The Lexus RX and RXL receive a number of updates, many of them on the tech front for 2020.
Performance and driving enthusiasts will appreciate the addition of two new F SPORT packages.
The 2020 Lexus RX and RXL (fancy SUVs to you and me) get a thorough revamp for the new year. You can’t really say it’s a little bit of this and a little bit of that. Lexus has redone this luxo-crossover across the board and the improvements are noticeable. The best way to distinguish between the two is how the RXL is a little longer and – most important if you have a large family – comes with a third row of seats.
Other than that, they are quite similar in terms of form, function, safety, and technology.
Styling & Design (Maybe Slightly Overboard)
For 2020, the front and rear fascias are updated to bring the RX and RXL in-line with the rest of the brand’s look. Both have Lexus’ signature grille, and lots of “individual blocks” strewn across the overall form to give a balance of sophistication and strength and blah-blah-blah. Lexus goes on and on about this, but it doesn’t really matter much to me. Lexus has been off in their own design direction for a while now, and I worry they might never come back.
But let’s not talk too much about subjective things like styling, shall we. The meat of the RX and RXL is more than a strong enough selling point.
Yakety Yak (It Will Probably Talk Back)
Take all of the on-board tech, for example. Standard on all models are the latest smartphone integrations and their respective virtual assistants. The standard eight-inch touchscreen is for messing with everything tech-related, like the Lexus Enform Remote system (you get a three-year trial period). This remotely starts the vehicle using your smartphone, handy to have when it gets cold.
There are six USB ports throughout the RX and RXL, so everybody’s devices stay charged. Of course both are fully compatible with Android Auto and Apple CarPlay. The newest Lexuses (Lexi?) also have voice services like Amazon Alexa, so you can just yack at the Lexus Multimedia System, and it’ll start playing your favorite road trip playlist or start navigating you home.
Passengers (Lexus insists on calling them “Guests” which is kind of annoying) can choose between the standard eight-inch display, or an available 12.3-inch high-resolution, split-screen multimedia display. Going further yet is Dynamic Voice Command, which Lexus says recognizes “millions more phrases” than their conventional systems.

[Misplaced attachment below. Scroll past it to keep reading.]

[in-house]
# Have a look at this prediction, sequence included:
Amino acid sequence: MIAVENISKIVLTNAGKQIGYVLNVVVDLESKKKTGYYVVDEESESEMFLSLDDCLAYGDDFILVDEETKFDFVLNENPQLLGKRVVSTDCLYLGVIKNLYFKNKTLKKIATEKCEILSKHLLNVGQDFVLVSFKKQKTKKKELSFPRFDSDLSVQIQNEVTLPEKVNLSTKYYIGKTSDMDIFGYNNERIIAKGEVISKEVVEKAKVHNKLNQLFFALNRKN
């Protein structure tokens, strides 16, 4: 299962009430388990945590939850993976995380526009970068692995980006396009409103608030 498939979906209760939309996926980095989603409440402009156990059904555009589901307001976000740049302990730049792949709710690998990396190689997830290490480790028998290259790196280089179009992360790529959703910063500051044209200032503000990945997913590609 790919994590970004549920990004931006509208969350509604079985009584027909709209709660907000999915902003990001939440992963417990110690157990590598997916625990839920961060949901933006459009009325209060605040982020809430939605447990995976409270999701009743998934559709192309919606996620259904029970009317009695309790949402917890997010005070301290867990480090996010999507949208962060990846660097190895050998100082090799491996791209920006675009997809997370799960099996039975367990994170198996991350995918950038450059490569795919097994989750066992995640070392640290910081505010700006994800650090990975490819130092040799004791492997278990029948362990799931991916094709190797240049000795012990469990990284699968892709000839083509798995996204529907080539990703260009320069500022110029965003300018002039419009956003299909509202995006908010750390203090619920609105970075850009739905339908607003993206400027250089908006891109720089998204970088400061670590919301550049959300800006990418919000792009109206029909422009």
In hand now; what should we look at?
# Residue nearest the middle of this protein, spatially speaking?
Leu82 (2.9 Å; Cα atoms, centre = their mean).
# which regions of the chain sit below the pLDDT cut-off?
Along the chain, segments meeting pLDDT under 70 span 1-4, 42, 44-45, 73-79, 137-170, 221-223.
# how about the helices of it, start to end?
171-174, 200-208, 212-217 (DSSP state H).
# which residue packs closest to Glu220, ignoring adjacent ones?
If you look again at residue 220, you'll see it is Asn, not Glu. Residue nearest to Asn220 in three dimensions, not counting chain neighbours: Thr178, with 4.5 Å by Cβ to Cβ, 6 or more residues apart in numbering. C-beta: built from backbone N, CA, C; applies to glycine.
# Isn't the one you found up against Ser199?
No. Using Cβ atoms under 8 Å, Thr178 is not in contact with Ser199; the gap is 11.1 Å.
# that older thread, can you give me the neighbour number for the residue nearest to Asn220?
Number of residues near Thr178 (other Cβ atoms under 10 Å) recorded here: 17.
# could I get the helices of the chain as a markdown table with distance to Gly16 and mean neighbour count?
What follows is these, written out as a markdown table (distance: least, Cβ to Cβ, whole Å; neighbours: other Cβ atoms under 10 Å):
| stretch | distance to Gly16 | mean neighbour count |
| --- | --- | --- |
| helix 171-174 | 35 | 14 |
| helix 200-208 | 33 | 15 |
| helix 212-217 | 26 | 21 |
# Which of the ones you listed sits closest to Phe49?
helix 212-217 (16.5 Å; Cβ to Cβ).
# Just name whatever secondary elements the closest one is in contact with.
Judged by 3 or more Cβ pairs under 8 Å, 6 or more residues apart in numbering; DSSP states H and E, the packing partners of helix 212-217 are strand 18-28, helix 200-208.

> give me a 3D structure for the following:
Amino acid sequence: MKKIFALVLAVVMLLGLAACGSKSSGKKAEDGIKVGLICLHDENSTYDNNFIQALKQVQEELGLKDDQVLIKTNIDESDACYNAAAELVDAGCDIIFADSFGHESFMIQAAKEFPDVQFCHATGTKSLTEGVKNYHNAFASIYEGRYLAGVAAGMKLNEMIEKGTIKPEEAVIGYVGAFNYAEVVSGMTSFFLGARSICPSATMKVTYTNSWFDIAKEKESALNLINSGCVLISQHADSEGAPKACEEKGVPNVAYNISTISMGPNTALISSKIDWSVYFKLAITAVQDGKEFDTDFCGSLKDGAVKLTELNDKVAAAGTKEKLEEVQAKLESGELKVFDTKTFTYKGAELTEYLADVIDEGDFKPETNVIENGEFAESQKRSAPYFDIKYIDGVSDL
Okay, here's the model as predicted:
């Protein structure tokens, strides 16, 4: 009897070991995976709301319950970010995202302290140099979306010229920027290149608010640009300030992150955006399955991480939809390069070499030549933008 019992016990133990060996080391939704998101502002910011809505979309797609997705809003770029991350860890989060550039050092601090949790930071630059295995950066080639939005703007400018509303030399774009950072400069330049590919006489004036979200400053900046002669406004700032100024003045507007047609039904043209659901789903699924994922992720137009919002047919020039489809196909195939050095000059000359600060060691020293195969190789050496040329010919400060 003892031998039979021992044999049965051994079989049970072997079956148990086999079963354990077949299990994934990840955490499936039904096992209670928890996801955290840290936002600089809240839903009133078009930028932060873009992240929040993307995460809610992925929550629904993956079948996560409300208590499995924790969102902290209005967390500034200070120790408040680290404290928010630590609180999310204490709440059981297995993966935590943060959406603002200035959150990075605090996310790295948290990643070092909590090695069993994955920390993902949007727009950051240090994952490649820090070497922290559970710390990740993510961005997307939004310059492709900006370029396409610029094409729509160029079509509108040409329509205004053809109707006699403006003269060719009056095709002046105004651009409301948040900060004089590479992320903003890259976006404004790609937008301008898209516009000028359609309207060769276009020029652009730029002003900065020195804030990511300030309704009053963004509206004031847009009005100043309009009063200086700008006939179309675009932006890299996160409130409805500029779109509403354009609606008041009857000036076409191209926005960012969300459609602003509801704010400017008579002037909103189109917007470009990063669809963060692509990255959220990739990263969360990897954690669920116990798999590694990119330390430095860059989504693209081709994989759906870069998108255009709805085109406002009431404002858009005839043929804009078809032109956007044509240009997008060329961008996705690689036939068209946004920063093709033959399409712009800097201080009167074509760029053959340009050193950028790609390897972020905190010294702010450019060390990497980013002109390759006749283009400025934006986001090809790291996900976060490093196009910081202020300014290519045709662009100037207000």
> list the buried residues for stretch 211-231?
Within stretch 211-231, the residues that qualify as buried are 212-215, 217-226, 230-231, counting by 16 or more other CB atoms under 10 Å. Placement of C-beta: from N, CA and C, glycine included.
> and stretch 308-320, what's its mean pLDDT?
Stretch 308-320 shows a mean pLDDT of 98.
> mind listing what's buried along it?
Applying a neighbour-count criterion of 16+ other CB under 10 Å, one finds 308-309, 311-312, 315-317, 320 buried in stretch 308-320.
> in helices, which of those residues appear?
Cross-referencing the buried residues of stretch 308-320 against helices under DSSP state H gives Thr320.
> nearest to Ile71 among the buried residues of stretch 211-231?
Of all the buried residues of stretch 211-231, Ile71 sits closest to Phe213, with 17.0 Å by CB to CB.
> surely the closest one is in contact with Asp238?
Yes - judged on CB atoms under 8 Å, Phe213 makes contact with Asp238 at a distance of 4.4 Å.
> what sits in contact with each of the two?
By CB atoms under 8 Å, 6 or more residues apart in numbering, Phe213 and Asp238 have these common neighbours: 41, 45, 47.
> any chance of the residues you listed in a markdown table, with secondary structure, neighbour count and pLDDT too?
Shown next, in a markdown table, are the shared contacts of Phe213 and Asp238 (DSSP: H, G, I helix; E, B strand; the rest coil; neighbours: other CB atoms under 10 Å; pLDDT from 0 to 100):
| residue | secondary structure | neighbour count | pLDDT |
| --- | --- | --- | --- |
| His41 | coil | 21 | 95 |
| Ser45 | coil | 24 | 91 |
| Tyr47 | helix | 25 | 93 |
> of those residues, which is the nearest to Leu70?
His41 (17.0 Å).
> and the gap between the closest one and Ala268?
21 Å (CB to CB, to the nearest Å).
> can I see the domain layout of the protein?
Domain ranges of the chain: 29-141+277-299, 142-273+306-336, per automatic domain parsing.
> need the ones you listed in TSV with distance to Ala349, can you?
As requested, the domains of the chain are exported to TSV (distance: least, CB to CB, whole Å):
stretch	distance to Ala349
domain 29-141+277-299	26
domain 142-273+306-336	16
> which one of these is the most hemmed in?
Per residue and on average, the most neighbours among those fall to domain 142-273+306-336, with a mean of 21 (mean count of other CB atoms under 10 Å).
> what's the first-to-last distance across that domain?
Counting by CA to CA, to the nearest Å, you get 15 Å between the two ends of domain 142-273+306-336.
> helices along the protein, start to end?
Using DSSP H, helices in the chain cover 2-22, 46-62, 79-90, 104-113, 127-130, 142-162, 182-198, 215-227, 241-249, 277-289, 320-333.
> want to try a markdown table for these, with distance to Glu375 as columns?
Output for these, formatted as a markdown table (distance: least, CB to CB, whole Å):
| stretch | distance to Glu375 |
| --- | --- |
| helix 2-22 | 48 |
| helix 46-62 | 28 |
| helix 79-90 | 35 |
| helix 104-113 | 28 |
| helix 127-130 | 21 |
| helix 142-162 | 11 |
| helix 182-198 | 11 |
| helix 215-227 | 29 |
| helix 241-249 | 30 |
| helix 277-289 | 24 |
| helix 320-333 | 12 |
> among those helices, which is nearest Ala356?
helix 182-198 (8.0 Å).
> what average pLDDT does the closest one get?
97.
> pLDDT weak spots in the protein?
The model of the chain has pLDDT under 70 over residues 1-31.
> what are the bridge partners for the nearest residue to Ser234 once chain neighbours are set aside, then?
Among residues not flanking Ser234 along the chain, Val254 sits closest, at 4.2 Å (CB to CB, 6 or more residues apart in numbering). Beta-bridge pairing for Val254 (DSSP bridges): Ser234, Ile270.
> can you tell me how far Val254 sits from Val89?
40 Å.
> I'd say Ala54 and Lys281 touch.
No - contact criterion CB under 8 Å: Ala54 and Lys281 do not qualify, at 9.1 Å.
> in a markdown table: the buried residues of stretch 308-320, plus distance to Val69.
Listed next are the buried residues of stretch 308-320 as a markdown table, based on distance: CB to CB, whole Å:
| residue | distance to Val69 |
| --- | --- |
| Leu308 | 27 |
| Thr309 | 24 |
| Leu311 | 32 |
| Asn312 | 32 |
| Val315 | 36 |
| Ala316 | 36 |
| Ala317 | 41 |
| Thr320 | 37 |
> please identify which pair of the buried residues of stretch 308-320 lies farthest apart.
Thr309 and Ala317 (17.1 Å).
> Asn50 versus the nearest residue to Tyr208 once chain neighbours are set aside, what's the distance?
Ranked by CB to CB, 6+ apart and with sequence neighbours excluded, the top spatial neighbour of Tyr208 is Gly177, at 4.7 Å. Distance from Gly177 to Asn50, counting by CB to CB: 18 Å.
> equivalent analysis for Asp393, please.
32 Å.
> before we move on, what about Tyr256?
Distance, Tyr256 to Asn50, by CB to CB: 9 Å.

Safety & Security
Safety? Of course a vehicle of this stripe will have enough safety stuff to make Ned Flanders sleep like a baby. There’s Lexus Enform Safety Connect and Enform Service Connect along with the Lexus Safety System+ 2.0 as standard equipment. This gives you stuff like daytime bicyclist detection, low-light pedestrian detection, Road Sign Assist, and Lane Tracing Assist. The Pre-Collision System can detect bicyclists and pedestrians in low-light situations.
Lane Tracing Assist also works in conjunction with the All-Speed Dynamic Radar Cruise Control and, in certain conditions, follows the car ahead of you. The Road Sign Assist gizmo displays road sign information in the instrument panel, which I don’t really see the efficacy of.
The 2020 Lexus crossovers get several updates to improve driving dynamics. The front and rear stabilizer bars are thicker, yet hollow to cut weight. They have reinforced bushings to reduce body roll and improve steering response. The shocks are re-tuned (natch) and feature a new friction control device to manage “high frequency vibrations,” meaning the RX and RXL should provide a smoother ride. The stiffer suspension reduces the overall noise and vibration from the road, Lexus says. And finally, active corner braking prevents understeer by clamping down on the inner tire.
If you want your RX or RXL with a hybrid drivetrain, that’s on offer as well. These are either the RX 450h or RX 450hL and serve up a combined 308 total system horsepower. For fuel economy, Lexus estimates 30 and 29 combined for the RX and RXL respectively. The ICE part of the hybrid system is a 3.5-liter V6 gasoline mill with two high-torque, electric drive motor/generators in the mix. The all-weather drive system employs a trick second independent electric motor to push the rear wheels when needed for optimal traction.
If you’d like things a little more athletic and sporty than eco-conscious, the 2020 Lexus RX offers two F SPORT packages. The regular F SPORT package offers “the look” with additional tuning for a more muscular feel on the road. It includes a cold air intake (very Fast & Furious), active sound control, electric power steering, and a heated steering wheel. There are front and rear “performance dampers” and a Drive Mode Select system with Sport+ (very, very Fast & Furious).
By comparison, the RX F SPORT package includes an active variable suspension, which Lexus says is more responsive than prior systems. That active variable suspension is also borrowed from the mighty Lexus LC. Oh, and the RX F SPORT has Circuit Red seating with grey stitching on the seams.
No word yet on what the 2020 F SPORT packages will return for fuel economy. The current Lexus RX 350 F SPORT gets an EPA-estimated 19/26 city/highway and 22 combined mpg.
Pricing & Availability
The 2020 Lexus RX and RXL will start production in the third quarter of 2019. Pricing information is forthcoming. The current Lexus RX 350 starts at $43,820 with front-wheel drive; $45,220 with all-wheel drive. The current three-row RX 350L starts at $47,870 with front-wheel drive and $49,270 with all-wheel drive.
Tony Borroz has spent his entire life racing antique and sports cars. He is the author of Bricks & Bones: The Endearing Legacy and Nitty-Gritty Phenomenon of The Indy 500, available in paperback or Kindle format. Follow his work on Twitter: @TonyBorroz.